Presentation is loading. Please wait.

Presentation is loading. Please wait.

Melasma. Biology of melanocyte Dendritic cell at basal layer of epidermis Dendritic cell at basal layer of epidermis Produce melanin and send to surrounding.

Similar presentations


Presentation on theme: "Melasma. Biology of melanocyte Dendritic cell at basal layer of epidermis Dendritic cell at basal layer of epidermis Produce melanin and send to surrounding."— Presentation transcript:

1 Melasma

2 Biology of melanocyte Dendritic cell at basal layer of epidermis Dendritic cell at basal layer of epidermis Produce melanin and send to surrounding keratinocyte Produce melanin and send to surrounding keratinocyte Epidermal melanin unit (melanocyte:keratinocyte) = 1:36 Epidermal melanin unit (melanocyte:keratinocyte) = 1:36

3 Biology of melanin Synthesis from melanosome Synthesis from melanosome Transport to keratinocyte via dendritic process of melanocyte Transport to keratinocyte via dendritic process of melanocyte 2 type 2 type : eumelanin : pheomelanin

4 Melanin synthesis Binding Melanocyte Melanocortin 1 stimulating hormone receptor adenylase cyclase adenylase cyclase Tyrosinase cAMP

5 Melanin synthesis Tyrosine tyrosinase tyrosinaseDopa Dopa quinone Eumelanin Pheomelanin

6 Melanin synthesis MSH MC1R mutation of MC1R Eumelanin Pheomelanin

7 Melanin transfer Phagocytosis Phagocytosis : melanin transfer to dermis : phagocytose by melanophage Endocytosis Endocytosis : melanin transfer to keratinocyte via intercellular space

8 Melasma Acquired bilateral symmetrical hypermelonosis Acquired bilateral symmetrical hypermelonosis Irregular light to gray brown macule and patch Irregular light to gray brown macule and patch Ill defined margin Ill defined margin Involved sun exposure area Involved sun exposure area Most common in women Most common in women

9 Melasma is a common acquired pigmentary disorder that occurs mainly in women (more than 90% of cases) of all racial and ethnic groups, but particularly affects those with Fitzpatrick skin types IV–VI Melasma is a common acquired pigmentary disorder that occurs mainly in women (more than 90% of cases) of all racial and ethnic groups, but particularly affects those with Fitzpatrick skin types IV–VI

10 Distribution of melasma Central facial pattern (63%) : cheek, forehead, nose, chin Central facial pattern (63%) : cheek, forehead, nose, chin Malar pattern (21%) : cheek, nose Malar pattern (21%) : cheek, nose Mandibular pattern (16%) :chin Mandibular pattern (16%) :chin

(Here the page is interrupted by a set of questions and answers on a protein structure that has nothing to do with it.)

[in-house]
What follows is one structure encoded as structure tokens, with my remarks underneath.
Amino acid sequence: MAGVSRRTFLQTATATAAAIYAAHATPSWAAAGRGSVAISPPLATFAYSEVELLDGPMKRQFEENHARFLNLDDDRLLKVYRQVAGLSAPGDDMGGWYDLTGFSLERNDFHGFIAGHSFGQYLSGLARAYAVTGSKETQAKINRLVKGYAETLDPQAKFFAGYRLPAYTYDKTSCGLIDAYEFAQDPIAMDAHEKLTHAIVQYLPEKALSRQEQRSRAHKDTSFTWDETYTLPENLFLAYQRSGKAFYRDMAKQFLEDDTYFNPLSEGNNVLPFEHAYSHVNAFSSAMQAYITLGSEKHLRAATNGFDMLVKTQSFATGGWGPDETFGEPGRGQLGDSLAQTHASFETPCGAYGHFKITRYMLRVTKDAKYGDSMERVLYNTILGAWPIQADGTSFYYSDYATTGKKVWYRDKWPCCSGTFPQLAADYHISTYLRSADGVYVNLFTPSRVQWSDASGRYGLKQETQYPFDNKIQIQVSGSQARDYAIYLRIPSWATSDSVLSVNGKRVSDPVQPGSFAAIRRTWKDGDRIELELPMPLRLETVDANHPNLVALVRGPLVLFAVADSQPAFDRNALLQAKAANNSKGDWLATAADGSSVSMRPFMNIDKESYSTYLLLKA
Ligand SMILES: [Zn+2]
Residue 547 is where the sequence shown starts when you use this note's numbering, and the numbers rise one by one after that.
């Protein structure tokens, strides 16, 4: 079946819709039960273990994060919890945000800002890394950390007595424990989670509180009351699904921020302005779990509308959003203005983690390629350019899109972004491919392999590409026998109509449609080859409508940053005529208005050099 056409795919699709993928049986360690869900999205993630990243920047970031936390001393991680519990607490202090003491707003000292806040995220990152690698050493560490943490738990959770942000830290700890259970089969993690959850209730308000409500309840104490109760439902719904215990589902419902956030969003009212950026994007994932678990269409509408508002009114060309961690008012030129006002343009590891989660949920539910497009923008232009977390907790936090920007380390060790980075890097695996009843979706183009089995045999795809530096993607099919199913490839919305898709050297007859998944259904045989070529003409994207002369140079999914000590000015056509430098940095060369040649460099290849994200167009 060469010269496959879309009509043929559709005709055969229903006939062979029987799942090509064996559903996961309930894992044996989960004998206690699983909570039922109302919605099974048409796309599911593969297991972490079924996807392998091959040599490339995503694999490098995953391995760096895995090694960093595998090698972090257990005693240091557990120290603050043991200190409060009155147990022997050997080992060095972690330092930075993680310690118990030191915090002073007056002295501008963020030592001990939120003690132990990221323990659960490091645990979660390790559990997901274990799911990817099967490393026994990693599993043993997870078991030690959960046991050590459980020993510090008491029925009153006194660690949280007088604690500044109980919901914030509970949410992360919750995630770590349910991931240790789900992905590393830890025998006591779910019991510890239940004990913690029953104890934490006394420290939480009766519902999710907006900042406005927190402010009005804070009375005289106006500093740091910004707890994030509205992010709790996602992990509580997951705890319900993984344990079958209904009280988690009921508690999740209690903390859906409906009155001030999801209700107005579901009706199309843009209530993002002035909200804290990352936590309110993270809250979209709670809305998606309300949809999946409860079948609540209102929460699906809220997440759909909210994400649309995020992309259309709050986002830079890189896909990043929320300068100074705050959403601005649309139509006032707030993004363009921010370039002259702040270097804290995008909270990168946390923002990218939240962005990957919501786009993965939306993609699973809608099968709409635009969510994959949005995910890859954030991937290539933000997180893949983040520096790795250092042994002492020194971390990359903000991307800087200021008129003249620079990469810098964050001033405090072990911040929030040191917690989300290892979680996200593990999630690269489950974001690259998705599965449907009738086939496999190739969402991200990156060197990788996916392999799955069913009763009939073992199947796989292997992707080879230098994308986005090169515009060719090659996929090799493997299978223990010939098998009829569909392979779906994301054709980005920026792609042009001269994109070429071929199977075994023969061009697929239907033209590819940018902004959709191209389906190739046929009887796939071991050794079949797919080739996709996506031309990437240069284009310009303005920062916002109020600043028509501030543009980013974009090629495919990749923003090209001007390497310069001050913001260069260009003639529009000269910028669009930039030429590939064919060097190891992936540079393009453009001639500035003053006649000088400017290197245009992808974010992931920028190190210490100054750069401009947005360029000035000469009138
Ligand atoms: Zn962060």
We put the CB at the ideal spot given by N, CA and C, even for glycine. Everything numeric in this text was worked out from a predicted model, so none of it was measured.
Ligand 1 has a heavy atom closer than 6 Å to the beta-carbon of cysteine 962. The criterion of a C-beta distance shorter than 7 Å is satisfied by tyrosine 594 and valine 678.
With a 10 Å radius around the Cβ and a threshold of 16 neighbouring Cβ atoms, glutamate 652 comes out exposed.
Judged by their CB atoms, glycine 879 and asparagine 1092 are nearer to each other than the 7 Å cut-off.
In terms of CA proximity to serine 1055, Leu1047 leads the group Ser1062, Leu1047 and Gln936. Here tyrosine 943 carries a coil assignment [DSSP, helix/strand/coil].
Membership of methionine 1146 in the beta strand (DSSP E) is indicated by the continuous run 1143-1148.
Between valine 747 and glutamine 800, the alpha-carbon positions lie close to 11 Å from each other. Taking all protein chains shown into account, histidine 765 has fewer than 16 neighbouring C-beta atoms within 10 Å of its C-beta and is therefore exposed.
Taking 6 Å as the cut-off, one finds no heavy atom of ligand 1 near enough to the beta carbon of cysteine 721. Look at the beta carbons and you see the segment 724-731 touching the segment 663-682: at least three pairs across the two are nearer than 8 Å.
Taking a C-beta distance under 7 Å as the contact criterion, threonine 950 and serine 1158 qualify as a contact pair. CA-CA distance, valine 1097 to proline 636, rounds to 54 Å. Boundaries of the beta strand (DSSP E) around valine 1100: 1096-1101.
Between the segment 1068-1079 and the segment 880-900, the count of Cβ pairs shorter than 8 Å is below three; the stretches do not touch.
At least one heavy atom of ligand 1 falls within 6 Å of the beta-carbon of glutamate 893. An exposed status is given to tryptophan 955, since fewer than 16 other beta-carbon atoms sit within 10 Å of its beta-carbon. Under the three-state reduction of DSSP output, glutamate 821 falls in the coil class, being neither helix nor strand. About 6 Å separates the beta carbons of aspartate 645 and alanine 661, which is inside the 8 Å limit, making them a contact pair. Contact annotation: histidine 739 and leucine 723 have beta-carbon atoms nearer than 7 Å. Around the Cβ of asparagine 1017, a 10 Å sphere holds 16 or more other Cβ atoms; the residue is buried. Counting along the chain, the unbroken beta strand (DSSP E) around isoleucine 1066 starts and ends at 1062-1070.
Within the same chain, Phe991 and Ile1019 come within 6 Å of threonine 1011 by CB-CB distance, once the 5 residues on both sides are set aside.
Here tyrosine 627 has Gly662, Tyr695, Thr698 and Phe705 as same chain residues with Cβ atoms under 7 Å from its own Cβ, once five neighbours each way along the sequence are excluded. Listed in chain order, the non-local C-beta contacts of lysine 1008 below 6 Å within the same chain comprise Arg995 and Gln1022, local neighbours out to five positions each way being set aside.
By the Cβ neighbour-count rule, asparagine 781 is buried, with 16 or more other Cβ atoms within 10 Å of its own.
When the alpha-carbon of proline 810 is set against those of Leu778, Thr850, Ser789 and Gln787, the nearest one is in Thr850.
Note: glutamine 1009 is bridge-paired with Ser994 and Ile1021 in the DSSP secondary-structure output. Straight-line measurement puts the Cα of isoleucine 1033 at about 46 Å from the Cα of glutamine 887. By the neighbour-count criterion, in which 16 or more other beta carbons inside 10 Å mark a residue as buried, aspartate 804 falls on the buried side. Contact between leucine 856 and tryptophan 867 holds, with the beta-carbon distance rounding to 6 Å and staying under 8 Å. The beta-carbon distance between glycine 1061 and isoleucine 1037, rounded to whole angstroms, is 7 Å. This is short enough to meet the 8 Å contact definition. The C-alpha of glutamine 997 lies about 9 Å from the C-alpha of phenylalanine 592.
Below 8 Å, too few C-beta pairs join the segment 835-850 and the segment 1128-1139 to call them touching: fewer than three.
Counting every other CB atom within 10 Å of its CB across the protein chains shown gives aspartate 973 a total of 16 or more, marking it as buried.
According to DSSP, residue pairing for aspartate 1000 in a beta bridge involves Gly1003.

11 Cause of melasma Light : UVA, UVB, visible light Light : UVA, UVB, visible light Hormone : pregnancy, contraceptive pill Hormone : pregnancy, contraceptive pill Drug : dilantin, anti-malarial drug, tetracycline, minocycline Drug : dilantin, anti-malarial drug, tetracycline, minocycline Cosmetic : perfume, color Cosmetic : perfume, color Genetic Genetic Malnutrition : liver dysfunction, B12 def. Malnutrition : liver dysfunction, B12 def.

12 Type of melasma Epidermal melasma Epidermal melasma Dermal melasma Dermal melasma Mixed epidermal dermal melasma Mixed epidermal dermal melasma

13 The use of a Wood’s lamp can often be very beneficial in determining the location of melanin deposition showing enhancement of color contrast in lesional skin for the epidermal type, but not the dermal types. The mixed type has enhancement in some areas of lesional skin, but not in other areas.2 The use of a Wood’s lamp can often be very beneficial in determining the location of melanin deposition showing enhancement of color contrast in lesional skin for the epidermal type, but not the dermal types. The mixed type has enhancement in some areas of lesional skin, but not in other areas.2

14 Estrogen may play a role in melasma induction(OCP,HRT,pregnancy) Estrogen may play a role in melasma induction(OCP,HRT,pregnancy) Pregnancy induced melasma will recover after some months Pregnancy induced melasma will recover after some months

15 Epidermal melasma Light or dark brown color Light or dark brown color Melanin deposition in basal, suprabasal layer of epidermis Melanin deposition in basal, suprabasal layer of epidermis Larger melanocyte with more noticeable dendritic process Larger melanocyte with more noticeable dendritic process

16 Dermal melasma Blue gray color Blue gray color Perivascular melanophage at superficial and middermis Perivascular melanophage at superficial and middermis Melanin granule in dermis Melanin granule in dermis